Fidget spinners show promise in addressing dementia symptoms
Fidget spinners have been in the news recently for the relief they appear to bring to people with anxiety, autism or attention deficit hyperactivity disorder. Alternatively, some educators have called them a distraction and have banned them from school classrooms.
But now one Ohio senior living community is finding that the ball-bearing devices, which have been said to provide an enjoyable sensory experience when spun between users' fingers, could be more than just a passing fad; they seem to produce a calming effect in those with Alzheimer's disease and dementia.
The Kenwood by Senior Star in Cincinnati began testing the toys in May.
“Staff brainstorming prompted the research,” Executive Director Tom Rotz told McKnight's Senior Living. “Knowing that many interventions that have been effective with children with autism or ADHD have also been effective for those with dementia, we thought this would be beneficial to test out.”
Some residents have not shown interest in using a fidget spinner or fidget cube, Rotz said, whereas others hold one and play with it often.
“Two or three really took to it,” he said. “One, who previously was not engaged with most activities, is very engaged when using the spinner. It is great for those who want to use their hands and are unsure how. A former surgeon who is a resident of ours uses it for that very reason.”
The Kenwood by Senior Star currently is studying the use of fidget spinners in one memory care unit where nine residents live; most of them have mid-stage dementia, Rotz said. The community also has 19 residents in another memory support unit, where visitors might see fidget spinners in use, too, as news of the toy's potential appeal spreads.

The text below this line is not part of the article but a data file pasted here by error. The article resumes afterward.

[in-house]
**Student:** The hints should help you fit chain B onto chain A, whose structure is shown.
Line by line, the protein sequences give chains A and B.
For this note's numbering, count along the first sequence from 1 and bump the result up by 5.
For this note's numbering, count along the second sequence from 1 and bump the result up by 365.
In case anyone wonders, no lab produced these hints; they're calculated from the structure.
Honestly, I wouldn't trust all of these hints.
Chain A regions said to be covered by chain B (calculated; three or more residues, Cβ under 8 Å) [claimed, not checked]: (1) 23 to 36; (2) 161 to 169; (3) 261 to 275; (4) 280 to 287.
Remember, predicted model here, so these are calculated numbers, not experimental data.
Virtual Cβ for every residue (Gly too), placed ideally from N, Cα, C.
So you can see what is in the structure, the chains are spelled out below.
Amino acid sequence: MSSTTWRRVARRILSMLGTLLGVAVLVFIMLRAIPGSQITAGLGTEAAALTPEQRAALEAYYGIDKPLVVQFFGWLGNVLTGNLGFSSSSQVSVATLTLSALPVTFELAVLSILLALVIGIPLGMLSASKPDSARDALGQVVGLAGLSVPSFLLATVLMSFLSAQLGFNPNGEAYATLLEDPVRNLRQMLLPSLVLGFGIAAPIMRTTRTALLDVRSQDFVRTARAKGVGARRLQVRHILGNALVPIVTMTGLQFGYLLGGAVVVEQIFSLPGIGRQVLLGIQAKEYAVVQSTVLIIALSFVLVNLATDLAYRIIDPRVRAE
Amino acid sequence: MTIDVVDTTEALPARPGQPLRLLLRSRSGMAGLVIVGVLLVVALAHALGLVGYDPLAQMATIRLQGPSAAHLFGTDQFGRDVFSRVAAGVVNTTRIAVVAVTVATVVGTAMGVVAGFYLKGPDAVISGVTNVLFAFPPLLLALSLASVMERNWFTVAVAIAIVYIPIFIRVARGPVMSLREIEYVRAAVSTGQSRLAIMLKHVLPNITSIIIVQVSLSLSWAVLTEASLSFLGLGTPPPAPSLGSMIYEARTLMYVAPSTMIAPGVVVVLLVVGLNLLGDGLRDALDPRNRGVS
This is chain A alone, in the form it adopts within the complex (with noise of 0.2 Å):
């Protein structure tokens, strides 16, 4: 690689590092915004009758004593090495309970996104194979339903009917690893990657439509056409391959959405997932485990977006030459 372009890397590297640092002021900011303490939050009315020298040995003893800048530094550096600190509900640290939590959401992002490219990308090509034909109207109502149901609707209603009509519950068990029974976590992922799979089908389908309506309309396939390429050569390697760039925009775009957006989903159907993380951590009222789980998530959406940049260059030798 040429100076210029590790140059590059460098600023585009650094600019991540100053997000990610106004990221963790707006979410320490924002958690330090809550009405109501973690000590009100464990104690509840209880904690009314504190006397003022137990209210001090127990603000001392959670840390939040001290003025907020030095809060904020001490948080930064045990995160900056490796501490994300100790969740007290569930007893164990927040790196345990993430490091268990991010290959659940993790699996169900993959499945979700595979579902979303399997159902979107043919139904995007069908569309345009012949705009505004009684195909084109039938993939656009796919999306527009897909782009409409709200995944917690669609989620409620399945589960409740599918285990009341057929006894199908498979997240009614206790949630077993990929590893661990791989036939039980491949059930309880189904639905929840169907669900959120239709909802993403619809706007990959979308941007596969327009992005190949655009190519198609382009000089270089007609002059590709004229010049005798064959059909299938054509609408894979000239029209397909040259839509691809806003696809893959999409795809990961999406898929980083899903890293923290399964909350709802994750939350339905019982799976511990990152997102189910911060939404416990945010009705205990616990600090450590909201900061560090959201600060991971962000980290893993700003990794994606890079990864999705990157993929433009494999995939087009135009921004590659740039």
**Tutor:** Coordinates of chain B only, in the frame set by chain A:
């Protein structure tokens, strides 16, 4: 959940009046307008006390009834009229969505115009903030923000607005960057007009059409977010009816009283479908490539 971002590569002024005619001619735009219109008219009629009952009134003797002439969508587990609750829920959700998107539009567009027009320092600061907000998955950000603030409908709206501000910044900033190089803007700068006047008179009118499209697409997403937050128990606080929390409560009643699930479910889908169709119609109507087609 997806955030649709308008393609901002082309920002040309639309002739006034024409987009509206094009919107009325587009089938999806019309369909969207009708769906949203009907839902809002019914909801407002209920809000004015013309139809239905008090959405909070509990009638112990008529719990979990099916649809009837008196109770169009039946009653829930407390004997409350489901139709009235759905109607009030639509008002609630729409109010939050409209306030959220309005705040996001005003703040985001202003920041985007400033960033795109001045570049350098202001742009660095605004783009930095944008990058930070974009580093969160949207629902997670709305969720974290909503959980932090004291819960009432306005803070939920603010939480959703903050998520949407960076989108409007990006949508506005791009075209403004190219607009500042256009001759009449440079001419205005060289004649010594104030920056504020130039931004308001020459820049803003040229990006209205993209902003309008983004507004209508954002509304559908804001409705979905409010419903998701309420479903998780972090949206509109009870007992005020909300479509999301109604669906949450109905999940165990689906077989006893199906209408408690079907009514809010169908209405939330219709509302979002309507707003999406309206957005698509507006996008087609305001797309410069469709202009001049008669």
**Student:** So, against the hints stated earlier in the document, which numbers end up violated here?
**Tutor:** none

“This program was originally targeting one resident, but we noticed others were curious, too,” said Annette DeCamp, the community's programs and events manager for health services. (She is pictured at right in the accompanying photo, demonstrating the use of fidget spinners with independent living residents.) “We are documenting as we go and educating associates to note the little things — for example, was the resident engaged? Curious? How long did they keep the spinner or cube? Did they wander less? Did they still wander with a spinner but were quiet, less agitated, content?”
The next step in the informal research, DeCamp said, is to introduce the spinners or cubes in group settings or leave several devices within arm's reach on side tables or coffee tables to see whether residents will engage with them. “It is interesting to me that mostly men on the unit are attracted to the cube fidget with all of its rolling and clicking parts, and several tend to tuck the spinners away in their pockets,” she said.
The Kenwood by Senior Star plans to conduct the trial until November and then review all of the information that has been collected over the months, DeCamp said.
“I review documentation weekly and talk to associates if questions arise and offer suggestions as needed,” she said.
The program will be considered worthwhile, Rotz said, if even one or two residents are found to have benefited from it.
“There is no one result we want to see or a certain number of people who engage with it to consider it a success,” he said.
DeCamp agreed, noting that early results look promising.
“It is not ‘waking up' a resident like you hear about with some of the music programs out there, and we are not trying for that with this program,” she said. “We are striving to allow a resident to self-engage with an object that can simply keep their fingers busy, slowing and calming an agitated mind.
“It is engaging those who can still hold and look at an object,” DeCamp continued. “It seems to pique a curiosity — the bright colors, shiny finish, movement or, in the case of the cube, a clicking sound. The results may be subtle, but they are there. This approach is slow but promising. We are not looking for instant; we are striving for constant, calming and a bit of independence for those who have lost that ability, with the simplicity of a newfangled toy. I am encouraged and excited.”